I found this opinion piece written by Amity Shlaes last year, when President Obama literally dumped on the economy of Nevada, appropriate to two of these points.

Nevada has no income tax, and it takes two-thirds of the vote in the state legislature for any new tax to become law. For a long time, such business-friendly policies produced fabulous growth. In 1970, some 6.8 million visitors came to Vegas; in 2007 that figure was 39 million. Population grew 25 percent in this decade alone.

---
While the state’s racier businesses serve as a draw, a big share of Nevada’s job creation comes from booze, food and hotel rooms. Nevada’s prosperity also has enabled it to help the rest of the nation. According to the Tax Foundation, Nevada gets back from the federal government far less than it sends to Washington in federal taxes -- unlike, say, virtuous Utah, which has, historically, been a net taker.
---
The point here is as obvious as a neon sign: Government pork tends to produce junk gross domestic product, because even really smart government doesn’t allocate capital optimally. To dismiss what GDP Nevada generates as junkier than what Washington might generate is misguided, since Nevadans most of the time probably know better what investments make sense.

So let me see if I’ve got this right. While the politicians who have sworn to uphold the Constitution subsequently abuse the already compromised system, but are not held responsible for their own unethical or illegal actions, and the nonprofits which have written into their missions statement that they operate for the “greater good” and are therefore assumed to be beyond reproach and are not taxed for their profits, it is only the businessman – the for profit businessman, the man who aspires to and subsequently works for his own benefit – whose profits and businesses are taxed for his efforts, upon whose productivity, whose earnings, whose back the entire weight of this political graft rests. 

The Right to Work

Another perversion the government is trying to foist on us has been succinctly expressed in John Stossel’s latest op-ed in the Atlasphere.  As I pointed out in December, more people, with the help of the Institute of Justice, are beginning to fight back for their own right to work!  Who needs a jobs bill?  Just get government out of the way!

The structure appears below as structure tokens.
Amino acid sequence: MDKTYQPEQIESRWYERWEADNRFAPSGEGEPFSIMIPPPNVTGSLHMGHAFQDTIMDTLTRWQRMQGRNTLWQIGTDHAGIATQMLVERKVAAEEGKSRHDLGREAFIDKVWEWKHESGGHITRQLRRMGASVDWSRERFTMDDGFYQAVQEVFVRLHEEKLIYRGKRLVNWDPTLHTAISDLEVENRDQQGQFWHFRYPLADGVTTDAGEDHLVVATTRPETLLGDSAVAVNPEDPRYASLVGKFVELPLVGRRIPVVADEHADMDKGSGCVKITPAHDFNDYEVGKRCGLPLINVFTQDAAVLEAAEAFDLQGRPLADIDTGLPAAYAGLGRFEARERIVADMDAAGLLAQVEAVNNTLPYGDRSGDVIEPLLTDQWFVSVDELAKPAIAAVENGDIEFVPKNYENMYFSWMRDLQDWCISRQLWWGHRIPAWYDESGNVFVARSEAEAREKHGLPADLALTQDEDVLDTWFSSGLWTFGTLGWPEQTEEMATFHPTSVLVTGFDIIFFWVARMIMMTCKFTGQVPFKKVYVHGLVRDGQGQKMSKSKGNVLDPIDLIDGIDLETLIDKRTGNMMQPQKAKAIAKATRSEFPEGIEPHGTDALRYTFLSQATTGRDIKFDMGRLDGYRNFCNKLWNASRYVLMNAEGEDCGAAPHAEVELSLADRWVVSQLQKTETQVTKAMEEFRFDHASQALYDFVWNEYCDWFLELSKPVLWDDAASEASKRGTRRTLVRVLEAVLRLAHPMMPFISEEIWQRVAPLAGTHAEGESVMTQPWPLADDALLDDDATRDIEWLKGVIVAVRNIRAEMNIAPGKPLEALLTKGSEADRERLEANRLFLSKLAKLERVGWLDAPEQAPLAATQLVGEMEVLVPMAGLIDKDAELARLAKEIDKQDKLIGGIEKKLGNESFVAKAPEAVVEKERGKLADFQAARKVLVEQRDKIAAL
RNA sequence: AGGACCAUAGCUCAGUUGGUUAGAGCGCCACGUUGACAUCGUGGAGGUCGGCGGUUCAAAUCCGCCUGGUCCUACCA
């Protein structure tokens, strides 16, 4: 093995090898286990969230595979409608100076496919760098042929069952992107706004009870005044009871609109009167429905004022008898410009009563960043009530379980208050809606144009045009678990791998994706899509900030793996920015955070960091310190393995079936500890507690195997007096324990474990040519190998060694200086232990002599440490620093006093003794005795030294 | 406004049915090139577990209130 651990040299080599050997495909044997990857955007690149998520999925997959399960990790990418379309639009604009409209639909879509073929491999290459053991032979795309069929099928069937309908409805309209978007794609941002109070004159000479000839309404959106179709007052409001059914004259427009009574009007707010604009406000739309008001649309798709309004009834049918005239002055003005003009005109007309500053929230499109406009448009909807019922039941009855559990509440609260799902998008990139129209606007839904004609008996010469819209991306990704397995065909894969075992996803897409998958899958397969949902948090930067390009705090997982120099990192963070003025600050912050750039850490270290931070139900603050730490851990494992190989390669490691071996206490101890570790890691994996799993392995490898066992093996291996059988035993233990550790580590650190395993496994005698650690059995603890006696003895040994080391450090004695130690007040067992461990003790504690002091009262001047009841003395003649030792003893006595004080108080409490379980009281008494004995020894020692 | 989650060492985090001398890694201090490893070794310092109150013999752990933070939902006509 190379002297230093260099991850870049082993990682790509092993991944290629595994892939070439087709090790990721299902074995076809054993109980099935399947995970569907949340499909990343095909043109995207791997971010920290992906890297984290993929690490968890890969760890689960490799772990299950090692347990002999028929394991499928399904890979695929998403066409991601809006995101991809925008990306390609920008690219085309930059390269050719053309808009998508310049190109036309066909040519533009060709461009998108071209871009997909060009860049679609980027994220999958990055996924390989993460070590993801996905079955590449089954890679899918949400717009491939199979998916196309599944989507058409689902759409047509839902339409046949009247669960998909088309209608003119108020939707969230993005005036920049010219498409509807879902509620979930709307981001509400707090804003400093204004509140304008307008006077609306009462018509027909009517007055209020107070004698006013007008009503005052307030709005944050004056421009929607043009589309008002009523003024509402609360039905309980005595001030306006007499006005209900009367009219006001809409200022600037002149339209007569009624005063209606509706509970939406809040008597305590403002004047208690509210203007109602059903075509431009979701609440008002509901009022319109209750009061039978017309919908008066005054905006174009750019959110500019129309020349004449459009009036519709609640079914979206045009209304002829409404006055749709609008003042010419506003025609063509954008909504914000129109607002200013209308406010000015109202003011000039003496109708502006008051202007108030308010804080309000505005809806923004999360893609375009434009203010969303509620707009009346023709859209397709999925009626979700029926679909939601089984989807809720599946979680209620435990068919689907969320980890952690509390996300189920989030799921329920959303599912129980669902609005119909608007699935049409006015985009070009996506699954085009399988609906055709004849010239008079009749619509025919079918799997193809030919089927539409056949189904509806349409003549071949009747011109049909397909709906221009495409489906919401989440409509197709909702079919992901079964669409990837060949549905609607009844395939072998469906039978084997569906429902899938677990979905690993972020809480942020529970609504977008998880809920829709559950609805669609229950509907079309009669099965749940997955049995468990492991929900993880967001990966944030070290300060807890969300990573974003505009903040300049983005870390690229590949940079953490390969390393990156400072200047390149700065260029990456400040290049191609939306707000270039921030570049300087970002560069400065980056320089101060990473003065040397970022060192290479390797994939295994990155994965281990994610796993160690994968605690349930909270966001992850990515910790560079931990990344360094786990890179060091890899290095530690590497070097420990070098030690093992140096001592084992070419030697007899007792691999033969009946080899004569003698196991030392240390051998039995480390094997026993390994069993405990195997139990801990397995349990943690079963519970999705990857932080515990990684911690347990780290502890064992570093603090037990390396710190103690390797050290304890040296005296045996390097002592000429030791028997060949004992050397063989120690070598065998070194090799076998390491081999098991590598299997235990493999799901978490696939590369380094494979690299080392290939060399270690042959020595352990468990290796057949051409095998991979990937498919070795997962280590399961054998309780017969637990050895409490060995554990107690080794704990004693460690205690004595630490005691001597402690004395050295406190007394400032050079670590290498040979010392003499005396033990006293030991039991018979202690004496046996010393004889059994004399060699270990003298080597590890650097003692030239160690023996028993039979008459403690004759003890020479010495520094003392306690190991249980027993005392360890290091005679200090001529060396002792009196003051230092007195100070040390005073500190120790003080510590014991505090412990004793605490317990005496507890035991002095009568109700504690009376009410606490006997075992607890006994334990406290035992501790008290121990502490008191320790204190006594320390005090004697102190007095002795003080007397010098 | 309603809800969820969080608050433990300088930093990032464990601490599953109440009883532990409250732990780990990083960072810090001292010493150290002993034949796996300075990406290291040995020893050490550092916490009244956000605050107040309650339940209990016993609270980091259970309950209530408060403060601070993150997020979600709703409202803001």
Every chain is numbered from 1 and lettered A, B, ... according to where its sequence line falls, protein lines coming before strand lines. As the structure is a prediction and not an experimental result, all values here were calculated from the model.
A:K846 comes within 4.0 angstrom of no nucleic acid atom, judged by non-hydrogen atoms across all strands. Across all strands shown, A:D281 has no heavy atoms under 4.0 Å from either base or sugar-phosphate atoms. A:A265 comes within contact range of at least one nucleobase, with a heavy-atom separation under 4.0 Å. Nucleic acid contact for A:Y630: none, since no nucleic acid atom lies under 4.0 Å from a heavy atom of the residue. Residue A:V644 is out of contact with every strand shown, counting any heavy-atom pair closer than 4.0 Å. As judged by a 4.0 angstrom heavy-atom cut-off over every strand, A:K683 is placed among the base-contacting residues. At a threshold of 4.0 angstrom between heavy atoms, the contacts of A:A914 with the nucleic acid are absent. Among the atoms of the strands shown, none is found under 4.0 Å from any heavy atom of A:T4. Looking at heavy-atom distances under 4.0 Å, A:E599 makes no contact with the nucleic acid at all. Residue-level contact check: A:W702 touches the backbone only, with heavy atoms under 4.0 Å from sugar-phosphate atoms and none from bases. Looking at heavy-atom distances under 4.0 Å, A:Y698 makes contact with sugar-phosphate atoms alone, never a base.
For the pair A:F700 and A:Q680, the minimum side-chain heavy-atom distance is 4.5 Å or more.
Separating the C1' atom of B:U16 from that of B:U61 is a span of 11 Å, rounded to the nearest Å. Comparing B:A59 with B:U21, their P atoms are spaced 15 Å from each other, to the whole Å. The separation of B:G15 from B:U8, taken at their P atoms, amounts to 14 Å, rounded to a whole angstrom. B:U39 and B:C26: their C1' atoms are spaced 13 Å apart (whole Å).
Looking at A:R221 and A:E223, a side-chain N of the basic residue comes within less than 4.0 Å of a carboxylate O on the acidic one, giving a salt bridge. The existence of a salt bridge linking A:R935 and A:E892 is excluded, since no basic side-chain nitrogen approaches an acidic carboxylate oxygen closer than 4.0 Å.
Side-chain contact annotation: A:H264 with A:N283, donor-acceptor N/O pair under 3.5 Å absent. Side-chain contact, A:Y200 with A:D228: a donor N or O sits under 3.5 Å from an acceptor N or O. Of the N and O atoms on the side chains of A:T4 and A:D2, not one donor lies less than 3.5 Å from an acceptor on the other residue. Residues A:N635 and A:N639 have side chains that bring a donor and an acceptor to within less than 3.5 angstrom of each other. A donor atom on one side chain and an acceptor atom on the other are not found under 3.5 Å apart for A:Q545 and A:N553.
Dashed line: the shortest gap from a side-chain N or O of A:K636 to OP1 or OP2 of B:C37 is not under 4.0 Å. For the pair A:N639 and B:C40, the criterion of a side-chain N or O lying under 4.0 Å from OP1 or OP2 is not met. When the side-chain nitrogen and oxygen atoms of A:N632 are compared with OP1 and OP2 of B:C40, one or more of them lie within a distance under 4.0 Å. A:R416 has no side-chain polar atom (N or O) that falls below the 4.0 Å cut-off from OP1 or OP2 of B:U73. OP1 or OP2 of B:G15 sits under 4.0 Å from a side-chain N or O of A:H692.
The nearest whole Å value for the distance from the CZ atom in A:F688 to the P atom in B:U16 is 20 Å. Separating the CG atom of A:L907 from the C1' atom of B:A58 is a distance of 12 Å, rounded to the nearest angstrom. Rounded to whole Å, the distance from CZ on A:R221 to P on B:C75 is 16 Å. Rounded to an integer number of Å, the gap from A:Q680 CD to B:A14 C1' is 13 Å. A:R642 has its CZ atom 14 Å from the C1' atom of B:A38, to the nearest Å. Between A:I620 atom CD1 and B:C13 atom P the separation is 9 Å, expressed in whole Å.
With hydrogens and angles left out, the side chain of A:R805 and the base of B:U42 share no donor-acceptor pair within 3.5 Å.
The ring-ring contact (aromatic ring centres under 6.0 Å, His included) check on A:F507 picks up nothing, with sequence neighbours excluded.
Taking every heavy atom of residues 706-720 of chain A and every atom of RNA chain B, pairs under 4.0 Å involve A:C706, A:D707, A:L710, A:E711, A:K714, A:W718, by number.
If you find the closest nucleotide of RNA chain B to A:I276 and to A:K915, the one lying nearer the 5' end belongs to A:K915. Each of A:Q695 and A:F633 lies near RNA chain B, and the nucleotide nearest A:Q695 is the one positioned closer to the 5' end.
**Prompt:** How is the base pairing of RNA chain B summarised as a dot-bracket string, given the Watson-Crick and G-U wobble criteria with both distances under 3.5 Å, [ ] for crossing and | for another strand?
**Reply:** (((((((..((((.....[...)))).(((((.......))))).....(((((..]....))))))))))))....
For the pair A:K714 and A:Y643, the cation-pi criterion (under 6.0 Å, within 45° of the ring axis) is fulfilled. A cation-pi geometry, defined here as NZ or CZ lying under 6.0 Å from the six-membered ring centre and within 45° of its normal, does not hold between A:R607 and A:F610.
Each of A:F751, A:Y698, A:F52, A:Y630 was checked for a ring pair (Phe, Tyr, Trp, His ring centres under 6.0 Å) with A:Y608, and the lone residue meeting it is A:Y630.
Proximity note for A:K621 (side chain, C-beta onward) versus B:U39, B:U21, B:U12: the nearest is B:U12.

It’s a Jungle Out There

How about this for perverted?  The government passes a law which makes it prohibitively expensive for you to do business.  And when you close your doors, the government and its PR firm, the main stream media, blames you for betraying your customers!

An outrageous perversion of justice you say? 

Sadly, it’s what just happened to Amazon.com and its Affiliates program in Colorado.  Read some good analysis of the situation here and here.

Let’s Get ‘er Done!

As a final rant, I needed to highlight a few phrases I discovered today that pass for the promotion of good legislation.

Representative Obey on the House passage of the HIRE act.

Getting “bogged down” over the issue is a lot like getting confused by the facts, no? 

“This ban will ensure good stewardship of taxpayer dollars by the federal government across all agencies,” Speaker Nancy Pelosi said. Huh?  How so?  Will it prevent the congressmen from acting unethically or illegally?   Or will it just throttle the productive sector of the economy until there is no more money over which the power-brokers can pretend to be good stewards?

I can’t begin to address the lack of principles in the politicians pleas for healthcare reform – I can handle only one big perversion at a time, thanks.

In addition to getting a little fired up, I’m left wondering: what will it take for more of us to understand that government is supposed to work for us in protecting our individual rights, not give us stuff, control our lives, or as we live in a constitutional republic, bend to the will of the majority – all of which violates our rights.

The American government is supposed to work for us – not the other way around. 

I may not know much more about legality or historic slide into acceptance of earmarks than when I started to research them this morning.  Somewhere along the way, though, I deepened my understanding of the perverting power of the institutionalized altruistic slime running through the hands of this pragmatic Administration and its leftist minions.